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Book part
Publication date: 2 March 2011

Willi Semmler and Aleksandr V. Gevorkyan

Emerging markets are said to have sustained relatively well in the recent global crisis. There are several factors that help explain this popular view, such as, for…

Abstract

Emerging markets are said to have sustained relatively well in the recent global crisis. There are several factors that help explain this popular view, such as, for example, perceived separation from key international financial centres. Still a lot is to be digested in the crisis aftermath with immediate implications for financial markets and real economy. This chapter offers a unique insight into dynamics within transition economies via an extended blended fiscal–monetary policy rules model with possibility of foreign reserves targeting and foreign currency-denominated debt dynamics. Calibration is based on actual data and is done under various targets and financial risk conditions. Prudent monetary policy and fiscal policy initiatives within current context drive the choice of targets. That may help dampen negative impacts of the crisis and thwart potential currency run. This chapter advances three possible post-crisis scenarios, each with unique solution for reserves, exchange rate, sustainable debt and output levels. Categorizing between net exporters and net importers based on countries' external positions, group-specific results are derived. While both groups are susceptible to exchange-rate risk affected by a multitude of shocks due to their fragile financial system, net importers risk high inflation, but net exporters over-borrowing. This chapter contributes to the literature on global financial crisis, macroeconomic policy, and role of nominal targets and foreign reserves in emerging markets.

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The Impact of the Global Financial Crisis on Emerging Financial Markets
Type: Book
ISBN: 978-0-85724-754-4

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Book part
Publication date: 17 December 2003

Stephen A. Kane and Mark L. Muzere

Our paper presents an extension of the Diamond-Dybvig (1983) model of bank runs to an open market economy. We examine domestic banks that are subject to potential runs by…

Abstract

Our paper presents an extension of the Diamond-Dybvig (1983) model of bank runs to an open market economy. We examine domestic banks that are subject to potential runs by domestic depositors who worry that they will not be able to be repaid in full, because the domestic banks may not be able to refinance in the international financial markets. A loss in confidence in the banking system might precipitate a bank run. A bank run might be costly to safety net guarantors, for example, the central bank. Further, a bank run might lead to a breaking of the fixed exchange rate. Our model shows that adding central bank and International Monetary Fund guarantees, increasing long term debt as well as more equity financing reduces financial fragility, but consistent with economic intuition, these policy levers cannot eliminate the possibility of a bank run or a banking crisis leading to a currency crisis.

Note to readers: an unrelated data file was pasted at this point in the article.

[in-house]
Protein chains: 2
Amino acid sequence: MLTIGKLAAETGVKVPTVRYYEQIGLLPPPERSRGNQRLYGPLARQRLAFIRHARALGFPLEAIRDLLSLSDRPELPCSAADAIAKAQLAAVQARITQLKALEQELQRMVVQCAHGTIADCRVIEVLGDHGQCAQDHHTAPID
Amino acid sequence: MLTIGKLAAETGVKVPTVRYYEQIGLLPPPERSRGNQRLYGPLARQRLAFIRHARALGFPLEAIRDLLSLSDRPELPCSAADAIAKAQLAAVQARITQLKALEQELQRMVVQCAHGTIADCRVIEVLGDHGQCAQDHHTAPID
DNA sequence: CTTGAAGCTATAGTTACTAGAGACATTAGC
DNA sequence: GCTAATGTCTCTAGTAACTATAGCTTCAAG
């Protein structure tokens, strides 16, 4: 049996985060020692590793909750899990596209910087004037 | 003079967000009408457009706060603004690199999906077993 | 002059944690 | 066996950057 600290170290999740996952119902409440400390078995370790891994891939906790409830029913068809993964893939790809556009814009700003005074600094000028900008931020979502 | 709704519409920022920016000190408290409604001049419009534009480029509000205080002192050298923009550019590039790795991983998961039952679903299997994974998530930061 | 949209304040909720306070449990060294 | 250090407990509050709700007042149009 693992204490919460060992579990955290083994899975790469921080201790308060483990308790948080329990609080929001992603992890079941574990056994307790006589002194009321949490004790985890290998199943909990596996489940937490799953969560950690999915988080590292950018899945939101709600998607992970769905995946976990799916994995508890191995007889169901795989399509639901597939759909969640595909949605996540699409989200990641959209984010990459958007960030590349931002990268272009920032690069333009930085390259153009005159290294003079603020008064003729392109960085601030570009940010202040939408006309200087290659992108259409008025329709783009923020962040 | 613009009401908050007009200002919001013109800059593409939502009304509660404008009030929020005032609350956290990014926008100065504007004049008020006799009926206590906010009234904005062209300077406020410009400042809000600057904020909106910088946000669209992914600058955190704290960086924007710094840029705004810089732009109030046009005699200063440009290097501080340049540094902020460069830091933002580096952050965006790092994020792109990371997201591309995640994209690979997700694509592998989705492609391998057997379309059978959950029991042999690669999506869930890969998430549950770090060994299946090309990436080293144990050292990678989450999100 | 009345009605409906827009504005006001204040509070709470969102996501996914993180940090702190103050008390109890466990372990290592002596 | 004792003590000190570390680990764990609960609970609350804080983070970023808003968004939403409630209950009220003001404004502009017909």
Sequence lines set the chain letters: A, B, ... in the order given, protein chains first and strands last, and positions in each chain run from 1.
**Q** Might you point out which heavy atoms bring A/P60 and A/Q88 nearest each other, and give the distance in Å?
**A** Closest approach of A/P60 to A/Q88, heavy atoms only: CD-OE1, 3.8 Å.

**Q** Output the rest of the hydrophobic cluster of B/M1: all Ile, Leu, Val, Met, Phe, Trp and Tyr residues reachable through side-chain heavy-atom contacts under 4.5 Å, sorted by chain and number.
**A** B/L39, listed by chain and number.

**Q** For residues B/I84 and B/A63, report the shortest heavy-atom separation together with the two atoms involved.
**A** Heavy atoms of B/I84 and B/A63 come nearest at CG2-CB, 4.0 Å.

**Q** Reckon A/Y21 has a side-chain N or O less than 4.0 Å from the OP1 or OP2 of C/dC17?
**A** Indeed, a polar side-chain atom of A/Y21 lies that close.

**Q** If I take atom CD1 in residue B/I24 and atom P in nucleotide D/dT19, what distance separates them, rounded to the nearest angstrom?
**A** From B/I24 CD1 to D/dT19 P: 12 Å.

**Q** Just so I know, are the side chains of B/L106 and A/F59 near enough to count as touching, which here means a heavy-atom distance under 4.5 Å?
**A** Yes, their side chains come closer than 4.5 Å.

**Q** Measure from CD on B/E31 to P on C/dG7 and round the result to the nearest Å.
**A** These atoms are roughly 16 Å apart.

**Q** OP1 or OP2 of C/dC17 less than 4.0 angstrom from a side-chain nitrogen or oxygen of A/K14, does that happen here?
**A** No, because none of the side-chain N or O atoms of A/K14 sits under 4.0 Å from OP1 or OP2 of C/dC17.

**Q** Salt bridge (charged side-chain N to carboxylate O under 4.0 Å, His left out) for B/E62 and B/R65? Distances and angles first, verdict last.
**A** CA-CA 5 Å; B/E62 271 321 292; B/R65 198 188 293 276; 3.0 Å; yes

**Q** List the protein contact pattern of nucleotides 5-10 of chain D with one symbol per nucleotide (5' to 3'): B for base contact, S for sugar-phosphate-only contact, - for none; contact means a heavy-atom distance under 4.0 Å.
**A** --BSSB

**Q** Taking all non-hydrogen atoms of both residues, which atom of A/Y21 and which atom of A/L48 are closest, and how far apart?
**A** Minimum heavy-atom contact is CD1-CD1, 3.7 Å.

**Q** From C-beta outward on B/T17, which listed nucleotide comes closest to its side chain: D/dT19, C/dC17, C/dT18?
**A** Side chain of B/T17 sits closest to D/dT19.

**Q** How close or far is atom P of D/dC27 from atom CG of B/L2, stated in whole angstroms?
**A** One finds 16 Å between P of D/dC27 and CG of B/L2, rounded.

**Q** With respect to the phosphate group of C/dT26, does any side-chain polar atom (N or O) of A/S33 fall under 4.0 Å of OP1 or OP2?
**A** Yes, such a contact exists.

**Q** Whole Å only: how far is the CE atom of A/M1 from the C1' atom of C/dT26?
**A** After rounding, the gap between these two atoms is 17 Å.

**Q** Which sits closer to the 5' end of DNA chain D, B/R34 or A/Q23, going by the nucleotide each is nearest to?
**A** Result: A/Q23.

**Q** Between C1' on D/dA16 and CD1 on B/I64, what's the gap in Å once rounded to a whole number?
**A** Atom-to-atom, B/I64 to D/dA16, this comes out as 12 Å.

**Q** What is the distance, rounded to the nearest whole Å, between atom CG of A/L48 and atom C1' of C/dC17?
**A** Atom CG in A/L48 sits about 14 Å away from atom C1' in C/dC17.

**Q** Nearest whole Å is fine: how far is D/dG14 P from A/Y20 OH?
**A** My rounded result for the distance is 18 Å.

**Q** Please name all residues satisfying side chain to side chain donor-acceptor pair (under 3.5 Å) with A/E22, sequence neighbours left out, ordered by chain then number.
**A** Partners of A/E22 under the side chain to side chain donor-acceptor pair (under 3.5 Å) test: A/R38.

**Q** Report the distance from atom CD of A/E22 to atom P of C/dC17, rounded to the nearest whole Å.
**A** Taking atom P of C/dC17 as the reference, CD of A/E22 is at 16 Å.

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Research in Finance
Type: Book
ISBN: 978-1-84950-251-1

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Book part
Publication date: 17 August 2011

Biswa Nath Bhattacharyay

Several developing economies witnessed a large number of systemic financial and currency crises since the 1980s that resulted in severe economic, social, and political…

Abstract

Several developing economies witnessed a large number of systemic financial and currency crises since the 1980s that resulted in severe economic, social, and political problems. The devastating impact of the 1982 and 1994–1995 Mexican crises, the 1997–1998 Asian financial crisis, the 1998 Russian crisis, and the ongoing financial crisis of 2008–2009 suggests that maintaining financial sector stability through reduction in vulnerability is highly crucial. The world is now witnessing an unprecedented systemic financial crisis originated from the USA in September 2008 together with a deep worldwide economic recession, particularly in developed countries of Europe and North America. This calls for devising and using on a regular basis an appropriate and effective monitoring and policy formulation system for detecting and addressing vulnerabilities leading to crisis. This chapter proposes a macroprudential/financial soundness monitoring, analysis, and remedial policy formulation system that can be used by most developing countries with or without crisis experience as well as with limited data. It also discusses a process for identifying and compiling a set of leading macroprudential/financial soundness indicators. An empirical illustration using Philippines data is presented. There is an urgent need for increased coordination, collaboration, and partnership among central banks, banking and financial market supervision agencies, and ministries of finance, economic, and planning for proper macroprudential monitoring. A high-level national financial stability committee under the auspices of the head of the state as well as a ‘‘regional financial stability board’’ needs to be established to complement and support the activities of an “international stability board.”